How often, do you suggest, that a person should write in order to complete their novel by the end of the month?
NaNoWriMo has a great baseline tracking system. Essentially, breaking down November into 30 days, a person needs to write 1667 words each day to pass the goal by November 30. I have found, in the past, that there are simply days when you cannot find the time to write, though… the more often one can write on his or her story, the fresher it stays in the memory and the cleaner it flows when you go back to edit in December. I try to make sure I get something down at least six of the seven days in a week; if you can make sure that you get 2000 or so words on 25 days of November, taking breaks can also allow a writer to recharge and find a sense of clarity that can get lost when you’re merely barreling ahead.
Do you have a process for ensuring that you complete your novel in 30 days?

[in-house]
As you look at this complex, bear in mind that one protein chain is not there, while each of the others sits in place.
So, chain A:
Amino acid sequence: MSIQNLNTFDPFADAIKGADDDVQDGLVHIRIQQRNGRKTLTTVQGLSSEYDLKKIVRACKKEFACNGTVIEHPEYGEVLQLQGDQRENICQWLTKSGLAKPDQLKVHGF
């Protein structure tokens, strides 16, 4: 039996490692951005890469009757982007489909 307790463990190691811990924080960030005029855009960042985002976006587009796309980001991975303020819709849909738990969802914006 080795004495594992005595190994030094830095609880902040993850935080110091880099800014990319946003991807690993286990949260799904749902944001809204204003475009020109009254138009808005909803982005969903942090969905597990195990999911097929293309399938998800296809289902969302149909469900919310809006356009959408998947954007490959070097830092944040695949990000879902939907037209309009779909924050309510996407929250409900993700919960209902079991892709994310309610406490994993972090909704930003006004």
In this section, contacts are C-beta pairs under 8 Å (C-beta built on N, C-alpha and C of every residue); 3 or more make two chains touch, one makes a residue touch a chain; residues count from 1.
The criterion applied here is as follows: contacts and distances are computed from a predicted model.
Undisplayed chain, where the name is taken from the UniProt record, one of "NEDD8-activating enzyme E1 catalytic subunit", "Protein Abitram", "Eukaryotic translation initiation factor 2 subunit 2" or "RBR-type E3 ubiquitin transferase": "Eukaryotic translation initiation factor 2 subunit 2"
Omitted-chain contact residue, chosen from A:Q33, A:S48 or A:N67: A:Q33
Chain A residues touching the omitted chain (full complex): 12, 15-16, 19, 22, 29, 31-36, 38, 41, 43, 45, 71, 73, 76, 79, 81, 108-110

There is nothing specific or unique to my novel-writing process. I essentially try to write one chapter toward the story each day I sit down to write. It certainly helps to think of the plot in chunks, having some idea of where you might be headed with the action two or three moves down the road. But it also helps to have some flexibility; the story I wrote last year took at least three major plot twists that I had never anticipated when I was researching the topic during the summertime, but that fit naturally into the flow of the story. I have also found that it can be fun to stay in contact with other writers and even engaging them in word-count challenges, where everyone will have 15 minutes to write and then compare their word-count progress. Finding ways to break up both the story itself and to make the writing process more fun are the most important things I do to stay sane and productive in the 30-day window of NaNoWriMo.